I am so happy I went to this retreat! And I hope to go back again next year! Maybe I’ll see you there!

Novel Writing Retreat at VCFA – Part 1

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I had the wonderful opportunity to attend the Novel Writing Retreat at the Vermont College of Fine Arts. This craft-focused weekend workshop is run by Cindy Faughnan (VCFA MFA grad and my writing partner) and author and writing teacher Sarah Aronson (also a VCFA MFA grad) – this one marking their 10th anniversary. This is a truly spectacular retreat and I hope to return again next year!

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There were two tracks one could sign up for, the critique track and the writing track. Because I’m in the final polishing stage of my WIP, I signed up for the writing track – I had blocks of 1-1/2 hours between lectures to focus on my own writing. The critique track put attendees into groups of four – and they had blocks of time to meet and workshop their WIPs. (Crit track members were sent work ahead of time to read/review.) Each crit track attendee also received critiques from the author mentors and editor mentor. From what I heard from these attendees, the crit groups were amazing and supportive and inspired!

The mentors this year were:

531659_10200994594493143_1963932420_nAndrea Tompa (editor at Candlewick), author Lauren Myracle, and author Cynthia Leitich Smith. (Thank you to new friend Elly Swartz for the photo.) Each gave an amazing lecture.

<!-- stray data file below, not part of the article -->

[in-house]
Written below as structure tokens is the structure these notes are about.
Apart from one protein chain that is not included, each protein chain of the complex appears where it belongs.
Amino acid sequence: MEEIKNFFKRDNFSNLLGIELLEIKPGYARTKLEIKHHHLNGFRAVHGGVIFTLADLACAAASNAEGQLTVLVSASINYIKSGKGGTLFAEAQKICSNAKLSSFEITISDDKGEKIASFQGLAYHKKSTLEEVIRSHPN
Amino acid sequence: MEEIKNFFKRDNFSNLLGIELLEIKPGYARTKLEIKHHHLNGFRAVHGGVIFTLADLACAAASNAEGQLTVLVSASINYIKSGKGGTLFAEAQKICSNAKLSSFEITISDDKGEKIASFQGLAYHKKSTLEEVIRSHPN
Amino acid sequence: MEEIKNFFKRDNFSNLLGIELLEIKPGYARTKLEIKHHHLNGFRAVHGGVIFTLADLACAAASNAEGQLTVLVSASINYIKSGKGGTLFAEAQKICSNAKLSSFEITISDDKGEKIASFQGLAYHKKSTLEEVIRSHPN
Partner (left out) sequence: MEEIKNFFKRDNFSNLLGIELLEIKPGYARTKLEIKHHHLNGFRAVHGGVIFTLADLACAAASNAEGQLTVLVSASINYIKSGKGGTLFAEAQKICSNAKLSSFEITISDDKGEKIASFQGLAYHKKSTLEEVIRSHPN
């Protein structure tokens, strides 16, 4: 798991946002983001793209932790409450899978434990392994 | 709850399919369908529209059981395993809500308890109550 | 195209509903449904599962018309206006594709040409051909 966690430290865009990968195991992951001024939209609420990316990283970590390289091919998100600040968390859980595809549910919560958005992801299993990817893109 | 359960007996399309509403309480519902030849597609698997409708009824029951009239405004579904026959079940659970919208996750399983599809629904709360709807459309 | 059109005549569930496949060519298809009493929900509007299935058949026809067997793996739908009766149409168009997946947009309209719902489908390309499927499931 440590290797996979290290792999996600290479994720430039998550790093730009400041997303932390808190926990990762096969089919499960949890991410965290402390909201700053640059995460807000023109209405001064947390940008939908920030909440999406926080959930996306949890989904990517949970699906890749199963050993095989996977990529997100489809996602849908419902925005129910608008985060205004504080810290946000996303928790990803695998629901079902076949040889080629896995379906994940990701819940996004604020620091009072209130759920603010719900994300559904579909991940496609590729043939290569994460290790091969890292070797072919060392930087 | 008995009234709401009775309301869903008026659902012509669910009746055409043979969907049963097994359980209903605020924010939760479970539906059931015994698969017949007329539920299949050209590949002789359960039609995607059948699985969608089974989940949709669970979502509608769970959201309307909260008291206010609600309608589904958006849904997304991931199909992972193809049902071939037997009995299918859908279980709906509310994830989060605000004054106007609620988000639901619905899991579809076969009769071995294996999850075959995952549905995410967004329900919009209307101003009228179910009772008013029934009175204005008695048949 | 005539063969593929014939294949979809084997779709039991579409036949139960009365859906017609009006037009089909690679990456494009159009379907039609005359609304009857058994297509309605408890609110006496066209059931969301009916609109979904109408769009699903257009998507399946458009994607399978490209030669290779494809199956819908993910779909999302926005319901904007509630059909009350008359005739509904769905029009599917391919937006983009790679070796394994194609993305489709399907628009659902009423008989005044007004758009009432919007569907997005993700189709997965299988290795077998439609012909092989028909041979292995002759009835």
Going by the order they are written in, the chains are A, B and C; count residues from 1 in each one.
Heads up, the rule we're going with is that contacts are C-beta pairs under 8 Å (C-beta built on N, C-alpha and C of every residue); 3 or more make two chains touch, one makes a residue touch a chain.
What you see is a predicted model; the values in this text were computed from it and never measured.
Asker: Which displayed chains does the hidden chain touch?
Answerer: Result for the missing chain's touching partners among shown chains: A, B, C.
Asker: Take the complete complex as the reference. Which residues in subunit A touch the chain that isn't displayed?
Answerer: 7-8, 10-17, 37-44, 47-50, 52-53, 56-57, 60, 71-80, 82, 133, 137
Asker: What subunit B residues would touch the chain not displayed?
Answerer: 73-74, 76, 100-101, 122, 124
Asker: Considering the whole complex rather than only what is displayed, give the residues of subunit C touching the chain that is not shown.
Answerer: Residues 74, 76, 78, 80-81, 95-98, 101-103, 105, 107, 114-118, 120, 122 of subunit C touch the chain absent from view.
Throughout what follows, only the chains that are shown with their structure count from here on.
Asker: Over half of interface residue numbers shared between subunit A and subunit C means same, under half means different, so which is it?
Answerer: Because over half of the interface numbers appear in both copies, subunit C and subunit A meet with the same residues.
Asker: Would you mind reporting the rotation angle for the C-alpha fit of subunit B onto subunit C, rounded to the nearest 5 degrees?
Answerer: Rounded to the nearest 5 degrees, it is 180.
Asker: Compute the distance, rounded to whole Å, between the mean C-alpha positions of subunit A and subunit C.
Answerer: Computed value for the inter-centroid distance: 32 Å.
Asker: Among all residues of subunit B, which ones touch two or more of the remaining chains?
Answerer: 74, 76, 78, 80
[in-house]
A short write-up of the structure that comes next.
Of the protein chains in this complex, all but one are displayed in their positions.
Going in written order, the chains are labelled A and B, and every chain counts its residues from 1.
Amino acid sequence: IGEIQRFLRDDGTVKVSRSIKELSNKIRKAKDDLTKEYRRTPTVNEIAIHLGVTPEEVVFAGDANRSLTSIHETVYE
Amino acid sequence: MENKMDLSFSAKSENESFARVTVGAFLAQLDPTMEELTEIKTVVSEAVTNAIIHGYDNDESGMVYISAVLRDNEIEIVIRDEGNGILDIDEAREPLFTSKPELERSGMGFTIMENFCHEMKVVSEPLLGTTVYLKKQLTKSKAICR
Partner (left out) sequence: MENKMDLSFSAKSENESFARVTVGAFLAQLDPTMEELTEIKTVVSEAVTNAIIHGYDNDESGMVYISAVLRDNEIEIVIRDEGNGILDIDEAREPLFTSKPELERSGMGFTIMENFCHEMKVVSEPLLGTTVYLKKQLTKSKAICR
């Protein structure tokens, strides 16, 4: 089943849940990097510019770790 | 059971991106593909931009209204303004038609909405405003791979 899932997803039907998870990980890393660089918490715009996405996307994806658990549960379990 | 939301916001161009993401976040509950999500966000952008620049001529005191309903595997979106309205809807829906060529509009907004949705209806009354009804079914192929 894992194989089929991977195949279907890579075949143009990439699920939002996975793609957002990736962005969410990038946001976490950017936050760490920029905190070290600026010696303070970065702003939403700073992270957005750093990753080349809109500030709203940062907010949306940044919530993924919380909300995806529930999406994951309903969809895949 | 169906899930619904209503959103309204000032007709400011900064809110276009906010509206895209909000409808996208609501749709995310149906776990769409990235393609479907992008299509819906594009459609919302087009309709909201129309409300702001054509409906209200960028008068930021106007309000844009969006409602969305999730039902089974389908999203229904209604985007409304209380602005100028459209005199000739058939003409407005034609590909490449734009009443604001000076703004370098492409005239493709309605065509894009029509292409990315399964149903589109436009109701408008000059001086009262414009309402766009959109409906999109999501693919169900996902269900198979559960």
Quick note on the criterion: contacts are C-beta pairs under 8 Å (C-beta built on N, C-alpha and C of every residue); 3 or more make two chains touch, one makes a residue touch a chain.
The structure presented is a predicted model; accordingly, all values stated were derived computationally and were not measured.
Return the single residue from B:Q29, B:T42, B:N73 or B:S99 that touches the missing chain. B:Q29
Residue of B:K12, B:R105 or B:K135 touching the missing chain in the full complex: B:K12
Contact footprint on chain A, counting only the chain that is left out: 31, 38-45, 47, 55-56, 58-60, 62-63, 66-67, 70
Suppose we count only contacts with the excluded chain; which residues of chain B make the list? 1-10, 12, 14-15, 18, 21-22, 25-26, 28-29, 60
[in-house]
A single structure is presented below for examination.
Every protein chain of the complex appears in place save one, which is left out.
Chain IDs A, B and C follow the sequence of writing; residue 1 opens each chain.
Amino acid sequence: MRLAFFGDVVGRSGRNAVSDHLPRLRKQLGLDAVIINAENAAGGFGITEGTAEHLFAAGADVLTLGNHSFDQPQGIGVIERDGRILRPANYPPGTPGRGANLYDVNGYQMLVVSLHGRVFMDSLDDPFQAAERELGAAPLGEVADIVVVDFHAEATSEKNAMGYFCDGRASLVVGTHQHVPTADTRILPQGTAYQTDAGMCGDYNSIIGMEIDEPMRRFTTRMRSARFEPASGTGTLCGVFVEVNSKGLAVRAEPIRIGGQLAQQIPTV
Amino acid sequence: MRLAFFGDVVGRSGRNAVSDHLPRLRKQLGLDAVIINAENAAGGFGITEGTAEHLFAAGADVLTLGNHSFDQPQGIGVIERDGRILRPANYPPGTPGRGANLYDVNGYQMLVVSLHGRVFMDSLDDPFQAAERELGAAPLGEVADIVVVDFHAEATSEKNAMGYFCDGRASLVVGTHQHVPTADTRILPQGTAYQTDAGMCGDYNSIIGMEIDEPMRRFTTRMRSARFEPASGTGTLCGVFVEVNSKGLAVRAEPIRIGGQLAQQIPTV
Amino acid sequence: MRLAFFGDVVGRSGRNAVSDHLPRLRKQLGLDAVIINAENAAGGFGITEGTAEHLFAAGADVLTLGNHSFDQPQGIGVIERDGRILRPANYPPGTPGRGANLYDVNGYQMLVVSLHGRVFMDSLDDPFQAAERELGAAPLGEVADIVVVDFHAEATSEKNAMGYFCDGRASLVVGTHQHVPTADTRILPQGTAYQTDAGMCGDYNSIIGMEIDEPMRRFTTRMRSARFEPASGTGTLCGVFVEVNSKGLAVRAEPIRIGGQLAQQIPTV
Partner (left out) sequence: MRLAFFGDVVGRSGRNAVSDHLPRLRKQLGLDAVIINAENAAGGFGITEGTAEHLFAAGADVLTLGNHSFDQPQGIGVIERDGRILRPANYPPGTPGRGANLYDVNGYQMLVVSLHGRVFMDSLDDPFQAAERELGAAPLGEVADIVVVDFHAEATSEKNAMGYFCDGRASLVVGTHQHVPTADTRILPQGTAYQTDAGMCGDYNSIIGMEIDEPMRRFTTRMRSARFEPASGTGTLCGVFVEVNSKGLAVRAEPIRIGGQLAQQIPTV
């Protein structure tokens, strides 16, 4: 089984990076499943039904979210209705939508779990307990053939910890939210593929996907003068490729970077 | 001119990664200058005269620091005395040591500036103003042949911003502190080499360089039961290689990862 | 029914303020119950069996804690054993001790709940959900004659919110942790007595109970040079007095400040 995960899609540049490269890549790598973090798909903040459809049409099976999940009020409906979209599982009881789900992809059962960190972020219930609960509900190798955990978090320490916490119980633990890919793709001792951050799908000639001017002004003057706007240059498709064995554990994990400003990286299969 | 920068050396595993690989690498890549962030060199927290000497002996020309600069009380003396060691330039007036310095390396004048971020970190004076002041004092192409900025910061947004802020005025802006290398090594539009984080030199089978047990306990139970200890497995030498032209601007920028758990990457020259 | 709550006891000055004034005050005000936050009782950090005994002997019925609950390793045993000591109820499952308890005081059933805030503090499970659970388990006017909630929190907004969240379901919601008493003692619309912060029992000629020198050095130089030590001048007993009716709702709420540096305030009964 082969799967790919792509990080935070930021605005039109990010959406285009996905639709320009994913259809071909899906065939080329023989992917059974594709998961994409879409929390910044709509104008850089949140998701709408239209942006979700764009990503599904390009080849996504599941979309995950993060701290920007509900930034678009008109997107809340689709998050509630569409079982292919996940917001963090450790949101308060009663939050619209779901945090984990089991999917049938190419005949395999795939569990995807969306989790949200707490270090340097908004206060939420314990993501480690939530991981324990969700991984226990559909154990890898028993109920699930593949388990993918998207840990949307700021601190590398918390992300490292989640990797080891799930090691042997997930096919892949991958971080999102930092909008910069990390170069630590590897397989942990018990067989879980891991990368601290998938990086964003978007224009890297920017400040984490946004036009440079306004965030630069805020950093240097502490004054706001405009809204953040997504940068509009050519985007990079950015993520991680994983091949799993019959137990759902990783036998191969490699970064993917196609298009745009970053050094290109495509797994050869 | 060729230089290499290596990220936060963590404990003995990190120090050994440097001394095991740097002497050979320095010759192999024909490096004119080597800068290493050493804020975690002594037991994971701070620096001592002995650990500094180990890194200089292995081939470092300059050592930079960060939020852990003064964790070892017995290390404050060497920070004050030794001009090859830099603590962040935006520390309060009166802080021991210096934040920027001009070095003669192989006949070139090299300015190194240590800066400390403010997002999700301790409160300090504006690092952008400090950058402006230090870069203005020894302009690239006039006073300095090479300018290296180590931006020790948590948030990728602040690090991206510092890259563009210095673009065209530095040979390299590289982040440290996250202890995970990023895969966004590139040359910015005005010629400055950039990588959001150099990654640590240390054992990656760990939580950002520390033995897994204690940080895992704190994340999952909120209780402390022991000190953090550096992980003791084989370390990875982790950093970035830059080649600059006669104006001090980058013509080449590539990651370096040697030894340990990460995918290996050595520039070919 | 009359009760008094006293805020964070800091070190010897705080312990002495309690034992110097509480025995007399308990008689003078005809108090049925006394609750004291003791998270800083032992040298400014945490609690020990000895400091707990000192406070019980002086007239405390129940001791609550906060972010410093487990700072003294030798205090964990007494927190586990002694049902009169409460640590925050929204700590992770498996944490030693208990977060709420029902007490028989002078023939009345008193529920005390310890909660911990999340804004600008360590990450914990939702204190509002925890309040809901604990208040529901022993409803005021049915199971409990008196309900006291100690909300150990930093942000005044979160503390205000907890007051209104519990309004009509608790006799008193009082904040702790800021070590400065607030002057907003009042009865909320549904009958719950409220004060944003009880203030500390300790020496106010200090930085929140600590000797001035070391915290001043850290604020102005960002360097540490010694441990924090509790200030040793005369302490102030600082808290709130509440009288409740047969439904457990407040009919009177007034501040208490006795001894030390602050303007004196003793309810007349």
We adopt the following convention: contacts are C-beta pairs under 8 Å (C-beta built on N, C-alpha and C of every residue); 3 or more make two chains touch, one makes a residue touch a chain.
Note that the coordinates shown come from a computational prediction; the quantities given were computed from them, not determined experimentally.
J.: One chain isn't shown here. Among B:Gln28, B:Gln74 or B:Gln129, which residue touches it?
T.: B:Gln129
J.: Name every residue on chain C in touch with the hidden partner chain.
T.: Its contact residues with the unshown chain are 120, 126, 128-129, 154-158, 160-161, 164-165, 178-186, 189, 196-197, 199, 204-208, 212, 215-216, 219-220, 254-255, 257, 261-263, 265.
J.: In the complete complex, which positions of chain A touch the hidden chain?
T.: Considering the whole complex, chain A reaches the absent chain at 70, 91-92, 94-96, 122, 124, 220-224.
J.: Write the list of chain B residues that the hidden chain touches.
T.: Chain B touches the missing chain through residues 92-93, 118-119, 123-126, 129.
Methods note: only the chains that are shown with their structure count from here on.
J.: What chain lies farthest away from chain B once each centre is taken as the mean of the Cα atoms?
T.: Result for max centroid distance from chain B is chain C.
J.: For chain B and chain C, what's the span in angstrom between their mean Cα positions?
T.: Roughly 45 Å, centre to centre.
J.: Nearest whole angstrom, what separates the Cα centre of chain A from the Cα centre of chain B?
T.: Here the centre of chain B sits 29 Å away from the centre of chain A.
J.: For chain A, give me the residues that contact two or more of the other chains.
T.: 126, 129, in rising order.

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Cynthia Leitich Smith (who is a good friend and former mentor) is the author of amazing books for kids, from picture books like Santa Knows (co-authored with her husband Greg Leitich Smith), to contemporary MG and YA books (like one of my favorites, Rain Is Not My Indian Name) to fabulous fantasy books like her Tantalize series. I just finished reading Eternal: Zachary’s Story, her graphic novel illustrated by Ming Doyle. Zachary is a guardian angel watching over Miranda, but when he shows himself to her in an effort to save her, he is demoted to human form. He is still committed to trying to save her soul, but Miranda has changed a LOT since he last saw her – she is no longer human but a vampire princess.  I’m going to start reading her Feral Nights series very soon!